During the Kennedy Presidency, Rachel (Bunny) Lambert Mellon served as a trusted advisor to First Lady Jacqueline Kennedy on the White House interior and gardens’ redecoration. Born into privilege, Mrs. Mellon acquired a love of arts and horticulture in her youth. Marriage to Paul Mellon, the banking heir, enabled Mrs. Mellon to further indulge her passions through patronage and philanthropy, most notably through the library she built at their Oak Spring estate in Upperville, Virginia. When she passed, and the contents of her many homes were sold at Sotheby’s New York in 2014, some of the profits were used to establish the Oak Spring Garden Foundation to preserve her main residence, library, and several hundred acres of the once much larger estate. Sir Peter Crane, a well-known botanical researcher and plant scientist, is now the inaugural President of the organization.
“When I first heard of the idea, I knew that I wanted to be involved in the opportunity to build this botanically oriented study center and conservation organization from its inception,” recalls Crane. A move to rural northern Virginia near the Blue Ridge Mountains was certainly a change of scene from the more urban-based locales of his professional past. Born in Northamptonshire, England, Crane admits the place that feels most like home is Chicago. In the early 1980s, he arrived in the Midwest for post-doctoral work at Indiana University in Bloomington. Then in 1982, he was appointed to a curatorship in the Department of Geology at the Field Museum, eventually rising to Director there. In 1999, Crane returned to the UK as Director and Chief Executive of the Royal Botanic Gardens, Kew. “When I took the job, I told them it would be a limited term. I’ve learned that you want to stay long enough to make an impact but not wear out your welcome.” By 2006, he was back in the Windy City as a University Professor at the University of Chicago. During this time, he and his wife, Elinor, a Deerfield native, raised their daughter and son in nearby Oak Park. After, Crane became Dean of the School of Forestry and Environmental Studies at Yale University.
In 2016, Crane joined Oak Spring, and as he closes in on his fifth year at the helm, says it finally feels like the “end of the beginning,” with many of the fundamentals now in place and many projects coming to fruition. “Mrs. Mellon was very wisely not too prescriptive in what she wanted to have happen,” says Crane, who lives in a cottage on the property. In the main residence where paintings by artists Van Gogh and Degas once hung, exact copies have been replaced on the walls. “We have made a real effort to retain the spirit of Mrs. Mellon,” remarks Crane. “The library is one of the most prized possessions here and our intent is to find creative ways to make it available to scholars and artists of all kinds.” The former horse stables have been renovated into en suite rooms to accommodate short-term stays for fellows, apprentices, and scholars to pursue interdisciplinary studies.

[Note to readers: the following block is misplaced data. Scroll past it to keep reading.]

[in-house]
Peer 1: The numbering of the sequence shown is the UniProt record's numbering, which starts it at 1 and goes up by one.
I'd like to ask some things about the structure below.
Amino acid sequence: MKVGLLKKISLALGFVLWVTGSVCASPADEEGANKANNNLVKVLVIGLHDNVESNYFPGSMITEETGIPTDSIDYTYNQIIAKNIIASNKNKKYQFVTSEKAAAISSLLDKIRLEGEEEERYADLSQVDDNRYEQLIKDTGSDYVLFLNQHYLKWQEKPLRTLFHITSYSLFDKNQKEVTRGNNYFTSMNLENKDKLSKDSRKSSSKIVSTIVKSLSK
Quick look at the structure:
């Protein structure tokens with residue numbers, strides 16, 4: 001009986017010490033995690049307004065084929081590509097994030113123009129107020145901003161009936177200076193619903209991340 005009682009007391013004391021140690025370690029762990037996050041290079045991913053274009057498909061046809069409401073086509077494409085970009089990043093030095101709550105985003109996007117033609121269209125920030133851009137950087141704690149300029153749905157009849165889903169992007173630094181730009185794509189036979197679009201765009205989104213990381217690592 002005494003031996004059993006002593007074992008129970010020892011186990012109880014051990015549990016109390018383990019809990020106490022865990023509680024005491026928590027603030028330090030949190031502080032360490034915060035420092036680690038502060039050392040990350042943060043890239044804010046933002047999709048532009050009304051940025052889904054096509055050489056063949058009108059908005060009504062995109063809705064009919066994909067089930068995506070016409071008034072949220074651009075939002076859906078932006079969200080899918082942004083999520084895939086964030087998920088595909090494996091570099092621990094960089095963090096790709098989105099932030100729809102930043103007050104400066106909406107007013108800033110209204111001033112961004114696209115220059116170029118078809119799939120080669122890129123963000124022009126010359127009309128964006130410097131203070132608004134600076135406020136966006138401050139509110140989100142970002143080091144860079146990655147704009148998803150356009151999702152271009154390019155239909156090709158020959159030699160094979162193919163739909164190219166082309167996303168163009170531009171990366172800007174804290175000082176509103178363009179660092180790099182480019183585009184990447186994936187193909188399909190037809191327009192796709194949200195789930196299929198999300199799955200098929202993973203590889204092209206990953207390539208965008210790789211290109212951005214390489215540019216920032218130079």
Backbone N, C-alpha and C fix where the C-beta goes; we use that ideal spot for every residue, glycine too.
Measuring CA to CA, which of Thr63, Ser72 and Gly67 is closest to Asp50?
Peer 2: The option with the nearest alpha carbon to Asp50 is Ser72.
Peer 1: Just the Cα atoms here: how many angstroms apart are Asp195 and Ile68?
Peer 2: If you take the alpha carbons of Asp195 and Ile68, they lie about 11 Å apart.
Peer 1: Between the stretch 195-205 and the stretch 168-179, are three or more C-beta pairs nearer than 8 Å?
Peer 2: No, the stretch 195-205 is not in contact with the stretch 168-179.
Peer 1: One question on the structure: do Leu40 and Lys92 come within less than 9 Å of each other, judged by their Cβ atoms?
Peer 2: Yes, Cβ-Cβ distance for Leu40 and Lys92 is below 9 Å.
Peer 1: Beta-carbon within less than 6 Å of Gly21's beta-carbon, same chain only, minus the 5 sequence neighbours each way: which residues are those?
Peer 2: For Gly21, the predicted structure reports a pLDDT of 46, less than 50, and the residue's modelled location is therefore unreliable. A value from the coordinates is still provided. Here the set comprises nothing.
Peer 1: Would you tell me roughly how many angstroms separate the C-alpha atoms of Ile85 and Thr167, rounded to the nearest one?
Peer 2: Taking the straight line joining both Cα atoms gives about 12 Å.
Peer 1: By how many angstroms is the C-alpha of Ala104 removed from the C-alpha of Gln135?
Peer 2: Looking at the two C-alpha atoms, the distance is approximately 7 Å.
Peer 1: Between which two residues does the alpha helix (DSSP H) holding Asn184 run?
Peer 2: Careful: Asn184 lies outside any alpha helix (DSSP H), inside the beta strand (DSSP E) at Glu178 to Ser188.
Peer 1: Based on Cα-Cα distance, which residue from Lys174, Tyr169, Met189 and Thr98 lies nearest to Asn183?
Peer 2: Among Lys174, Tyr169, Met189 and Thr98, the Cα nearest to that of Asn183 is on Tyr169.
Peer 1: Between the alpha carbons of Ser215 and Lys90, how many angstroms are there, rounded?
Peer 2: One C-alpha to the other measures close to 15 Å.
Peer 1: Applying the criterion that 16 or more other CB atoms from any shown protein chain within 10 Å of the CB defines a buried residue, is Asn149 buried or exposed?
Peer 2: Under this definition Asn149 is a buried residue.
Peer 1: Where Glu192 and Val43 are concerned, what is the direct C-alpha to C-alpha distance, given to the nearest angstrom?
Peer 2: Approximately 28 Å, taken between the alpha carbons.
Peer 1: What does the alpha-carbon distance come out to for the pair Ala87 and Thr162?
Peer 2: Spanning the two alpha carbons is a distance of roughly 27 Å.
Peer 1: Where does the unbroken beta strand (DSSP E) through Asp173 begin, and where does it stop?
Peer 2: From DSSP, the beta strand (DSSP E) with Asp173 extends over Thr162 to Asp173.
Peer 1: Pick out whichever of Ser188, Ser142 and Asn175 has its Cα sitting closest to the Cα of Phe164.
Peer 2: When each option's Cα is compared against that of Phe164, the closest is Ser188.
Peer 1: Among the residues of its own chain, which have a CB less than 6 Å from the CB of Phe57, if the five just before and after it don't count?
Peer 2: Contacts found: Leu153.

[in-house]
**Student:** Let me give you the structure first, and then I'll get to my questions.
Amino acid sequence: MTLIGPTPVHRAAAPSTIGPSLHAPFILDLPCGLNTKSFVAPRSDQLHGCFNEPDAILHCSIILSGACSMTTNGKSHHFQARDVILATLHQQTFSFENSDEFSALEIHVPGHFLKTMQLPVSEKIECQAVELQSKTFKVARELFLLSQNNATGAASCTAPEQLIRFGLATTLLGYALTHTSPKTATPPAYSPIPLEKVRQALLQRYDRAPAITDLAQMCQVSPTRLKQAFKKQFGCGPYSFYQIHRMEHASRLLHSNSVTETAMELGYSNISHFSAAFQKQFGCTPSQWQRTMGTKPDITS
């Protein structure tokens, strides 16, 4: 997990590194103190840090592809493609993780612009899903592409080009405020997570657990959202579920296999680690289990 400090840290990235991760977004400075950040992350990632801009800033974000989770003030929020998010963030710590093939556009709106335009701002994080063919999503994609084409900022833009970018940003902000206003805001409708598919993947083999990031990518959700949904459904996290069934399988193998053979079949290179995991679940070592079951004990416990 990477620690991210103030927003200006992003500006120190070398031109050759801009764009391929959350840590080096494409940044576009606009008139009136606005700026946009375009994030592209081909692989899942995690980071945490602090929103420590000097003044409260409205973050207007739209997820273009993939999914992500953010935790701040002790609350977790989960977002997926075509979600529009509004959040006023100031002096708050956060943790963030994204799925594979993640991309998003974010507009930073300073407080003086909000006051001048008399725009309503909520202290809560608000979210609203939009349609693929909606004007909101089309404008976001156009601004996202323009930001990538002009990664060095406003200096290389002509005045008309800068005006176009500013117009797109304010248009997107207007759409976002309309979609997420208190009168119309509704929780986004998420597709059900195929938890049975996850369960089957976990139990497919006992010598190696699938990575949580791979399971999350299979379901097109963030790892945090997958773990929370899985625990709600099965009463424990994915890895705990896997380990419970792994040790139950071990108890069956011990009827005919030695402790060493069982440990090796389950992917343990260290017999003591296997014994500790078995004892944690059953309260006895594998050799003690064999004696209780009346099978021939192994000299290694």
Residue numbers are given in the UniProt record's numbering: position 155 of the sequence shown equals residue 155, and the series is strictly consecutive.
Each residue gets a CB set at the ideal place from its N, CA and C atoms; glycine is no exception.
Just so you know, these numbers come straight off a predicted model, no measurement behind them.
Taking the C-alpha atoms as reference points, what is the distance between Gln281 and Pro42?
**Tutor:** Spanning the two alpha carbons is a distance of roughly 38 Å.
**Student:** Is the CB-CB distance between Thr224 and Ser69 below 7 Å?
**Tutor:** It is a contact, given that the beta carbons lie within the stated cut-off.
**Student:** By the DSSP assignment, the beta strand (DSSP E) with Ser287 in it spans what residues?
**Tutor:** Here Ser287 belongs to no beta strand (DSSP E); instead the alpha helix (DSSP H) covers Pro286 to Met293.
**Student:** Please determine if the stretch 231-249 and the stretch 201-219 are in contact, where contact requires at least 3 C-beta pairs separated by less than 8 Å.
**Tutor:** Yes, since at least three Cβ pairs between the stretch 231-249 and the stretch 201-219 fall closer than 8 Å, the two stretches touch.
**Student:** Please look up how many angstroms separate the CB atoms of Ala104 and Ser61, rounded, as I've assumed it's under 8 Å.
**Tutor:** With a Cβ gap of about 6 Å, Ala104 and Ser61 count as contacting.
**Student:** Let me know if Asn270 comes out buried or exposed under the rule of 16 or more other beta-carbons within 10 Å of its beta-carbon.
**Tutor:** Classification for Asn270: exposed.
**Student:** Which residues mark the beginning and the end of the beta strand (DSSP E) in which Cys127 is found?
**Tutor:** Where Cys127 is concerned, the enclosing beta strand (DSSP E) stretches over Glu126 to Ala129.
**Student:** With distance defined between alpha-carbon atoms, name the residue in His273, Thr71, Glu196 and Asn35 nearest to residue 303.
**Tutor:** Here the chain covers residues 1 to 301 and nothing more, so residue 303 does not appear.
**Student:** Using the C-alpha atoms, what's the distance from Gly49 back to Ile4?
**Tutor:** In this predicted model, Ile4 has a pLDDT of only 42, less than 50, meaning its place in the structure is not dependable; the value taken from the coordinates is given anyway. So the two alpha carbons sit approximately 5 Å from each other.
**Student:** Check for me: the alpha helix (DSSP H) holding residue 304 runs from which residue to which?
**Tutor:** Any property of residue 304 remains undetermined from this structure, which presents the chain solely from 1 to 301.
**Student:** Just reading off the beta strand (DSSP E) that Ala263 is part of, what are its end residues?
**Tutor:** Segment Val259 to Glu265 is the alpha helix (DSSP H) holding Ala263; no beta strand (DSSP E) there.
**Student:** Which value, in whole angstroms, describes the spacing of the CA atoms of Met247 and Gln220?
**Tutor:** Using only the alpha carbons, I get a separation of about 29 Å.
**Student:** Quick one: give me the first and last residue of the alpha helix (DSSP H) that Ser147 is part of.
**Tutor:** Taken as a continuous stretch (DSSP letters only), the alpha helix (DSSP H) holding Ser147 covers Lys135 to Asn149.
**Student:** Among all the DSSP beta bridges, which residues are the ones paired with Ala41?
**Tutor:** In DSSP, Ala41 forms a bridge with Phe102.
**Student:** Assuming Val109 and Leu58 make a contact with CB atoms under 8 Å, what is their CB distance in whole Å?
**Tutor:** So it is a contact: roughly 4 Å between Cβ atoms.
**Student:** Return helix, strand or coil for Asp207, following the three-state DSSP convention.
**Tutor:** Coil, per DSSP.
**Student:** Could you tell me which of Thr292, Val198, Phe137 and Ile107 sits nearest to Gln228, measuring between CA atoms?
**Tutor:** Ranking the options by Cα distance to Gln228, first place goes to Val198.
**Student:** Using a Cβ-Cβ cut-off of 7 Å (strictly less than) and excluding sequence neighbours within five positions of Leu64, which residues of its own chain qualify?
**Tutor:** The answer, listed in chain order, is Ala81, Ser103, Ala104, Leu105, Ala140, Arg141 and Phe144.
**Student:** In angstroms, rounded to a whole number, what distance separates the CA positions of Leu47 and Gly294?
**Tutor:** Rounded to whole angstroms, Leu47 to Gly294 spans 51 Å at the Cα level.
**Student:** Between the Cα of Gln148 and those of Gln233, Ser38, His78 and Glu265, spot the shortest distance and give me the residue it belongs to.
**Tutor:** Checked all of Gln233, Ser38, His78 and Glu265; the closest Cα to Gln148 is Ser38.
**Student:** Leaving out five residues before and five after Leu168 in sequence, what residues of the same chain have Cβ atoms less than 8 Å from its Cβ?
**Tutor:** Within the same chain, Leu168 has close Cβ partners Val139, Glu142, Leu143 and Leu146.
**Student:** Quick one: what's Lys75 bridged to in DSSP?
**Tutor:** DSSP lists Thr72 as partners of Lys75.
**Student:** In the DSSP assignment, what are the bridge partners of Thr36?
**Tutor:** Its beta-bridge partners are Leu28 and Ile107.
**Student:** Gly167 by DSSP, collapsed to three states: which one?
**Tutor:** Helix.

The pandemic may have paused certain activities, yet along with the sixty-person full-time staff, Crane takes pride in the new resources employed to engage their community. “In the last year we have donated 21,000 pounds of fresh produce to local food banks from our small farm.” With hundreds of acres and several buildings, the plan is to be fully operational in 2022. Four times annually the estate will be open to general visitors, and during the rest of the year will offer a variety of programs in horticulture, plant conservation, organic farming, landscape design, and even photography and paper making. With anticipation, Crane feels fortunate during the past few months to have been able to reflect and strategize. “In any new organization there is always the tension between making an immediate impact, while also thinking ahead,” shares Crane, “we have been fortunate to be able to step back, put the urgent on hold, and consider what is most important for the future.” It’s a sentiment that seems fitting to nurture the surrounding nature at Oak Spring.
For more information visit osgf.org. Fellowship and residency applications for 2022 are now available on the website (deadline is July 15).